Mapping Digital Media: Case Studies from Moldova and Macedonia
OSF’s Mapping Digital Media project examines the opportunities and risks created by the transition from traditional to digital media in 60 countries. The project explores how these changes affect the core democratic function of any media system: providing the public with news about political, economic, and social affairs.
The presentation will briefly introduce the range and methodology of the research project, and present the findings of the first reports completed – highlighting the examples of Moldova and Macedonia. Emphasis will be laid on the effects of digitalization on journalism and the changes in media usage and consumption patterns. In addition some detailed aspects additionally covered by the Digital Media Project will be dealt with, i.e. impact on traditional media and new business models, investigative journalism in the web, the role of mobile technology, etc.￼ Continue reading
Digital Investigative Journalism
The traditional media industry is rapidly changing in western and in developing and transitional countries. In the northern hemisphere models like Pro Publica are still more or less unique. In Africa, Asia, Eastern Europe and Latin America exists a longer tradition of civil societal organizations and NGO’s, providing an online-driven investigative journalism. Very often they publish their content in own Internet forums and ‘stakeholder’-media. Those organizations provide investigations which the traditional media aren’t capable of achieving and financing anymore. For them the digital media is both a tool for editorial management and publishing their investigations. Normally those organizations are supported either by foreign governmental agencies or foreign private foundations. Very rarely their business model works in a sustainable manner. Continue reading
Data is playing an increasingly important role in our digital age. Not only the debate around Wikileaks has brought up the question what role journalists play in the creation of transparency and accountability. With the growth of movements for open government and open data, new possibilities and challenges are opening up (not only) for journalists interested to work with open data as a source. Continue reading
The mobile phone may be the one most powerful tool or technology in developing countries today. This session will focus on the topic of mobile technologies for media development and examine how is mobile telephony impacting on media and journalism directly? Two speakers are invited to highlight two aspects of mobile reporting: the gathering and dissemination of information. Continue reading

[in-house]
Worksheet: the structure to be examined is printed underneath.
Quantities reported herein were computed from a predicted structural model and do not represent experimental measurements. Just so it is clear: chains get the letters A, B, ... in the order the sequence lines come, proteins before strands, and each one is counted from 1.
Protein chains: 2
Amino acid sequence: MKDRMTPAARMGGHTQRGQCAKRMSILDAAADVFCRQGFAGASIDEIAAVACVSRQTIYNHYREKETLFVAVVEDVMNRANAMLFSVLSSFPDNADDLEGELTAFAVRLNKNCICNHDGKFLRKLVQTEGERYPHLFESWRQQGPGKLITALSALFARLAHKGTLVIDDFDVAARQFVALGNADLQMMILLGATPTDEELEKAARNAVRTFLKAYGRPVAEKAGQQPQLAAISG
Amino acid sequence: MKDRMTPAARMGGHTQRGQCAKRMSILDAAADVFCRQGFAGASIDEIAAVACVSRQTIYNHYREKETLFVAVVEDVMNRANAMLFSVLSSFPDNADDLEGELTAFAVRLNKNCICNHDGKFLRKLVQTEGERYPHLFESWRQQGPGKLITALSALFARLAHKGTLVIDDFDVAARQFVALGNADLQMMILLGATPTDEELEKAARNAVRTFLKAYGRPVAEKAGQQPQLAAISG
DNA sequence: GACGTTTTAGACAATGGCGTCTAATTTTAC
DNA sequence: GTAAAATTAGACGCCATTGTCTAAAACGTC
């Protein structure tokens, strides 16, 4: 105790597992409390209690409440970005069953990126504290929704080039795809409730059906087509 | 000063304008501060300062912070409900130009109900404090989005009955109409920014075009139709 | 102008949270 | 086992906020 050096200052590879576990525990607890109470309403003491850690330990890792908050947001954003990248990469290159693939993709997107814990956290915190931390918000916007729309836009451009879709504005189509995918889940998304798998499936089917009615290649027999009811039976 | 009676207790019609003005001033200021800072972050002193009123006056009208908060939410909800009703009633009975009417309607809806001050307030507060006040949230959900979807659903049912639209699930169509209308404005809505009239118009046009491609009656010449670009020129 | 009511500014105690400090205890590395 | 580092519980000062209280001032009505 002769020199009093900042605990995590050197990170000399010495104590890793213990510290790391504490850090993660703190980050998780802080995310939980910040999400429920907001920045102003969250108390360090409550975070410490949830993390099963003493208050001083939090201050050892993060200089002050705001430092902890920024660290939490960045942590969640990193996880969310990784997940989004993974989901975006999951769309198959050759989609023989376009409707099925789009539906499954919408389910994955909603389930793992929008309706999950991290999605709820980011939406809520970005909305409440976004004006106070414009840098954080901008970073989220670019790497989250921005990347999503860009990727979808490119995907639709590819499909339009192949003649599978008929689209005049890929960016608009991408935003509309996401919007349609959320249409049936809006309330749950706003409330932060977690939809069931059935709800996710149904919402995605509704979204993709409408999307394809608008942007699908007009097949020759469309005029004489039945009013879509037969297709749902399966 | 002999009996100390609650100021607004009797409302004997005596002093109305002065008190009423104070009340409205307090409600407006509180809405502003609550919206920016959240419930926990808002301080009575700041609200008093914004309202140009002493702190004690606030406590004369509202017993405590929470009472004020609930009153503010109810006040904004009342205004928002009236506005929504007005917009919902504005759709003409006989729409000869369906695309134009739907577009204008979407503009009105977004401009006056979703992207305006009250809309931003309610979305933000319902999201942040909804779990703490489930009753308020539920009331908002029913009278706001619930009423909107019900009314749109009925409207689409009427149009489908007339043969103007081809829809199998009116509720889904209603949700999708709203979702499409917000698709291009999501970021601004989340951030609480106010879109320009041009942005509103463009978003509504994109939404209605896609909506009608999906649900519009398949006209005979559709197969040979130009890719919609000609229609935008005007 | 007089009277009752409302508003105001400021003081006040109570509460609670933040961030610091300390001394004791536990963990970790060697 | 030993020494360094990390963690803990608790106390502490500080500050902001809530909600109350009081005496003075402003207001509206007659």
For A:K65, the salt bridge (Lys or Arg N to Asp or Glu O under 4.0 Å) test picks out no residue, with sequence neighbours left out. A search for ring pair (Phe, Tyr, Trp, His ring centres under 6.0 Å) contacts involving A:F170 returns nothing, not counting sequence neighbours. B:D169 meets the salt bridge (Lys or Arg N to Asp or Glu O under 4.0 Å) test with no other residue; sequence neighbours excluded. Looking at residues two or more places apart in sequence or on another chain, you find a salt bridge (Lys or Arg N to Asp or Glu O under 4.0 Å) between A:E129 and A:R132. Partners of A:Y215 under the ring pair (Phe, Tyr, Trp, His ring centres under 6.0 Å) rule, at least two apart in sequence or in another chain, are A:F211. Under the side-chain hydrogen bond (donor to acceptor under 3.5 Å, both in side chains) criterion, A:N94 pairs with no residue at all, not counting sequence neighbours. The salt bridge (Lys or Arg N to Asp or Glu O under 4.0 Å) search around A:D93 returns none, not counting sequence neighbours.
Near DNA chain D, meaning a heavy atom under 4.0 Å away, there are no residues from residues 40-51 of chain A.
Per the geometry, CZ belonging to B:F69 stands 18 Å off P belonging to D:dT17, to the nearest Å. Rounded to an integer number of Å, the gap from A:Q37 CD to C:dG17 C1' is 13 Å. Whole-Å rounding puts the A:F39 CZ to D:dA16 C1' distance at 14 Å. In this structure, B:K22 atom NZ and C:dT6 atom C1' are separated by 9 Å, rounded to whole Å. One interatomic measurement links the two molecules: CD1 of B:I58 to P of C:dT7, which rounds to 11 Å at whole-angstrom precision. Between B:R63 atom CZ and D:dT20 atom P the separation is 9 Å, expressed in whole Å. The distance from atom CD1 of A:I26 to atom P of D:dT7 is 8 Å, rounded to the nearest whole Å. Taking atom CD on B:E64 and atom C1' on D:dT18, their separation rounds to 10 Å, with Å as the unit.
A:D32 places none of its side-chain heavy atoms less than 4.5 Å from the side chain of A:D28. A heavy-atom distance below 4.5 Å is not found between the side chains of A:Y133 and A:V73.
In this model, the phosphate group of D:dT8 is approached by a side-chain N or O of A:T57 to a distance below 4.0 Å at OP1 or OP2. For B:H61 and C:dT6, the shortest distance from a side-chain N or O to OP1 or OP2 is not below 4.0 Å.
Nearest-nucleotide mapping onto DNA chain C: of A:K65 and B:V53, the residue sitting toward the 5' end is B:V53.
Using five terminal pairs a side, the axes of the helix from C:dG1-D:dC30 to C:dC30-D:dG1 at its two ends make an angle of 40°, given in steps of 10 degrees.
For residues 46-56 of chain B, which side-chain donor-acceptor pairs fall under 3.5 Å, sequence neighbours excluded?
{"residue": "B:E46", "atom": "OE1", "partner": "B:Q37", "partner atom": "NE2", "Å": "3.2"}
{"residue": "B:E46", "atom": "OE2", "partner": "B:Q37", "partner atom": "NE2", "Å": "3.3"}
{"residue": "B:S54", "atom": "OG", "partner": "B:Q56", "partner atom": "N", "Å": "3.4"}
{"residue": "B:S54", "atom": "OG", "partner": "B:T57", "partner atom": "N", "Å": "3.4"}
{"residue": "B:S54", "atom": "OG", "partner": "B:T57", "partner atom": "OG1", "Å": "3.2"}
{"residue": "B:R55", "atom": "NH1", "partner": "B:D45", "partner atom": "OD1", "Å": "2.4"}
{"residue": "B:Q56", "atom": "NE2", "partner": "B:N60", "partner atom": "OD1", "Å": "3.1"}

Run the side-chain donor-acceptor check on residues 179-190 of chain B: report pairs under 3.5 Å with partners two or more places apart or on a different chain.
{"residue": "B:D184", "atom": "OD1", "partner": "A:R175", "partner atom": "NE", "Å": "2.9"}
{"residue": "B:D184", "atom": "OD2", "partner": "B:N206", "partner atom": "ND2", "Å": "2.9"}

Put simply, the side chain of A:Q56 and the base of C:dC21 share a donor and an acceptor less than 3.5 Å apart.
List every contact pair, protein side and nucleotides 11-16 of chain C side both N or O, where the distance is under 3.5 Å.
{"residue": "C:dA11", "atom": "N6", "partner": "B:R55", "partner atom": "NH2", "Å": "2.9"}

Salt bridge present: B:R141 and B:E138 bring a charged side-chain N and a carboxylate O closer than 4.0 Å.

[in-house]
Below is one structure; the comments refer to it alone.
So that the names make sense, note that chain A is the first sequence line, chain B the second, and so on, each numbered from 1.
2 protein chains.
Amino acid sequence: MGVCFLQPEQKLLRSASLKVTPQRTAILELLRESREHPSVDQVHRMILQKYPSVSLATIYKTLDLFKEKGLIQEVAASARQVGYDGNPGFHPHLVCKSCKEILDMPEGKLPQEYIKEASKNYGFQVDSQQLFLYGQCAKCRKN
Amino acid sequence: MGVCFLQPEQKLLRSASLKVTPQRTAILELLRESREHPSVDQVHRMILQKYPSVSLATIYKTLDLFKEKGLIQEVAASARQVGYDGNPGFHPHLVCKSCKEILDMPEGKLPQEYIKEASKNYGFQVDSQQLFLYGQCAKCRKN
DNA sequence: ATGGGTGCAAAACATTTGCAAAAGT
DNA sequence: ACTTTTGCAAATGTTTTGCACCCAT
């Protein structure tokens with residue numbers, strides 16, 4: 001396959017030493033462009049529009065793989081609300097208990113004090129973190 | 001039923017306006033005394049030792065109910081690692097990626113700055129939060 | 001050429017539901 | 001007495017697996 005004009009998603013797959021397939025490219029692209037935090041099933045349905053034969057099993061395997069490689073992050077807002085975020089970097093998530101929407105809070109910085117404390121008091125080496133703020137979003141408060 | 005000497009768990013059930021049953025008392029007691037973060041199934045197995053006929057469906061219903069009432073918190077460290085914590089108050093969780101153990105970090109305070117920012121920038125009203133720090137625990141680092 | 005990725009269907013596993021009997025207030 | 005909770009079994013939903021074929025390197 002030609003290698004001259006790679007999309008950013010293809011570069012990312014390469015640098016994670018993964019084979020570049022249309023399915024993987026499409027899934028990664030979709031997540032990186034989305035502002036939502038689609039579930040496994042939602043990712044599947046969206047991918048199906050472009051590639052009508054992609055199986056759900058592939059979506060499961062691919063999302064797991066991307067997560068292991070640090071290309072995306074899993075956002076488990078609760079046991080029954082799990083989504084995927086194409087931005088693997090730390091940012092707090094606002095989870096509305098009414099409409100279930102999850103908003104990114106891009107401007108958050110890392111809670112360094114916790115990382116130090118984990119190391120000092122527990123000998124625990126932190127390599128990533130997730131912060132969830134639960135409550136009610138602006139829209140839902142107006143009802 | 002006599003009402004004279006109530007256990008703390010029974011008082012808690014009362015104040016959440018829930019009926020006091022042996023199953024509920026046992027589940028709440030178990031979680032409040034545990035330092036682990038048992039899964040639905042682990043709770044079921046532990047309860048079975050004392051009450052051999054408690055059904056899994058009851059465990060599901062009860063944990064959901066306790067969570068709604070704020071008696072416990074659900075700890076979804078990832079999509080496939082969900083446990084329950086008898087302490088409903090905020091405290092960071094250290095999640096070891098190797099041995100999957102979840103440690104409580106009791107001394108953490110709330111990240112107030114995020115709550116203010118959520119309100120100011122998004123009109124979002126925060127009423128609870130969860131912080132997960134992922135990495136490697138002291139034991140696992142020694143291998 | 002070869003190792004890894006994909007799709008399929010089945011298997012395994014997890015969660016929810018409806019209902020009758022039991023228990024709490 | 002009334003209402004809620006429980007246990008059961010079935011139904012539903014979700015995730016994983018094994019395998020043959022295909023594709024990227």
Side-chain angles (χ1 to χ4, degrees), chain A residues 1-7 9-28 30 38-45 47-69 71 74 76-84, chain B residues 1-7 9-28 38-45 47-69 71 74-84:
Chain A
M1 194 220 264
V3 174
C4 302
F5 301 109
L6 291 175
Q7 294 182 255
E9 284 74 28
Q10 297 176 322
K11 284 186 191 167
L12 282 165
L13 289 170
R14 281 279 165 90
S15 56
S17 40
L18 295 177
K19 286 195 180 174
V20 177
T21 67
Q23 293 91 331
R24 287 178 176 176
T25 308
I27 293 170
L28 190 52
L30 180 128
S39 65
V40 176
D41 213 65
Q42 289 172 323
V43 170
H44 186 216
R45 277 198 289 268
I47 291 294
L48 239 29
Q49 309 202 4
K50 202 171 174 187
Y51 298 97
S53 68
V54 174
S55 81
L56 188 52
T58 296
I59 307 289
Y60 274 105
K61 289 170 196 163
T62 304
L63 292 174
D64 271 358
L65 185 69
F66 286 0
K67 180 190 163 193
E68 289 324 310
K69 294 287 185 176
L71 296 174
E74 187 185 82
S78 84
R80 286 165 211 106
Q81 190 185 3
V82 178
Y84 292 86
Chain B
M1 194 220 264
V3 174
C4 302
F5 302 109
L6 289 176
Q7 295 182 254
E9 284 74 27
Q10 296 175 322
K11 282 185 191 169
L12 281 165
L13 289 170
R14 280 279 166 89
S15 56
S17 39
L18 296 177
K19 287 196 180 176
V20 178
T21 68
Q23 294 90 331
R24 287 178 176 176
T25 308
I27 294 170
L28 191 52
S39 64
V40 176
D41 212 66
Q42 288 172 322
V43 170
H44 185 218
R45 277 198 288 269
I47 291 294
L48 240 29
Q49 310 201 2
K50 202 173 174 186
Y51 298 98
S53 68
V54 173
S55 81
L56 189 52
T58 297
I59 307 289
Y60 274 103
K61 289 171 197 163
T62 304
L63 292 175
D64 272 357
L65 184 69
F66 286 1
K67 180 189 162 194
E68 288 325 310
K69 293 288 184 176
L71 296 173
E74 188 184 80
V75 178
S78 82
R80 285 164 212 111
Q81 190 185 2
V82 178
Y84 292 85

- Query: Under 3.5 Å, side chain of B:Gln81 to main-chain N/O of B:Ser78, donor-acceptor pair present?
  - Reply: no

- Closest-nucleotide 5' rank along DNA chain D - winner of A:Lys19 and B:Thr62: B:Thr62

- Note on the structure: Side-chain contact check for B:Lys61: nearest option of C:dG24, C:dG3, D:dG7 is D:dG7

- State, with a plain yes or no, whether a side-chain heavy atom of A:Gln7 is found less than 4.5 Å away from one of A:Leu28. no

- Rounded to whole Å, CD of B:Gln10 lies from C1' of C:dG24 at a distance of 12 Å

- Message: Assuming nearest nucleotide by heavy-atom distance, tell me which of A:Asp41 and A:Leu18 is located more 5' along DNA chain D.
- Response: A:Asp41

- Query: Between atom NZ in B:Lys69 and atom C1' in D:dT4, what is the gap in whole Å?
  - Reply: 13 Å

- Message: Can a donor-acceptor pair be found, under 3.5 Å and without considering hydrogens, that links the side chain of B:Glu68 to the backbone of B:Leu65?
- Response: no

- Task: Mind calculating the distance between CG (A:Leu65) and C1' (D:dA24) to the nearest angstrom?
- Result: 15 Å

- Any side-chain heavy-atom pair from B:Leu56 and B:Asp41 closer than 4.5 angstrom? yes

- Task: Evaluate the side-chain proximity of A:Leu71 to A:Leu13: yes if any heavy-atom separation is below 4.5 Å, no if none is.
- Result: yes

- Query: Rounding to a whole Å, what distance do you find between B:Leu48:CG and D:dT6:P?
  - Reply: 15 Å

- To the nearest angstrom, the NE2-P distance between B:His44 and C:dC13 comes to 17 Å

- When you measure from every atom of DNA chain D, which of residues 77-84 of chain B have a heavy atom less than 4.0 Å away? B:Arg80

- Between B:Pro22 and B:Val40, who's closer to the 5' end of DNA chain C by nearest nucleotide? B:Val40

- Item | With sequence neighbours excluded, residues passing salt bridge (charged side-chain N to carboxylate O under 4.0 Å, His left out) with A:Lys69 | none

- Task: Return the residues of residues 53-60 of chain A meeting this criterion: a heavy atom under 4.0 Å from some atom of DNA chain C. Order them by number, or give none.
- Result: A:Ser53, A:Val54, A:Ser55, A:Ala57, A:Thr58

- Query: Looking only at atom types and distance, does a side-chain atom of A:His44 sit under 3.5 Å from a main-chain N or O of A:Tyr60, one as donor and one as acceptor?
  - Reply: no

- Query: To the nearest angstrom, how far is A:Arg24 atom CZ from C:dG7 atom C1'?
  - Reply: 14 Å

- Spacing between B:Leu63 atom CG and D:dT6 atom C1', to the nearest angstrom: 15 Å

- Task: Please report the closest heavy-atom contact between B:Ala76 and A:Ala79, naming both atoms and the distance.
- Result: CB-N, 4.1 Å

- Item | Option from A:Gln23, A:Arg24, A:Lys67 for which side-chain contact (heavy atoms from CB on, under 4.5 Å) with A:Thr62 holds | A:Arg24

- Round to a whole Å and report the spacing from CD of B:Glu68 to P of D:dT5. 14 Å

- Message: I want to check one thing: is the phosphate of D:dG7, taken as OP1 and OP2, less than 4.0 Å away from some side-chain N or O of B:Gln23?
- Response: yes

New Media, New Partnerships?
Citizen Journalists, in particular political Bloggers, are playing an increasingly influential role as opinion shapers and information suppliers in a number of countries. In particular in countries lacking pluralistic and independent media structures, citizen journalists often use the Internet to express opinions who are not voiced in other public media. The group of bloggers who created Ushahidi in Kenya, the regime critical Egyptian and Tunisian Bloggers are just the more prominent examples.
But with everybody being a journalist, the providers of infrastructure and the mere communication networks (i.e. telecom companies) become more important than the traditional broadcasting organizations. Continue reading
Security in the Digital Era
What threats do media organizations and journalists working online need to be aware of and how can they protect themselves? Social Media has become a new outlet for political protest and mobilization against combat governmental suppression. The revolutions in North Africa and the Middle East have shown that state censorship can be circumvented and that the Internet can be a driving force for democratic movements. Continue reading
A Sneak Preview: The Future of Technology and Media in Development
Infrastructure and lack of connectivity are often considered the main problems in developing countries when it comes to using new media. With the mobile revolution and backbone development taking place, this situation may soon be improving significantly.
In this final session, we will attempt a view into the future: What are the trends and visions for connectivity in developing countries and what will be their impact on journalism? The session starts with a brief overview of the recent developments in Internet Infrastructure and mobile Internet in Africa and continue to predict how the situation may evolve over the next five years. Continue reading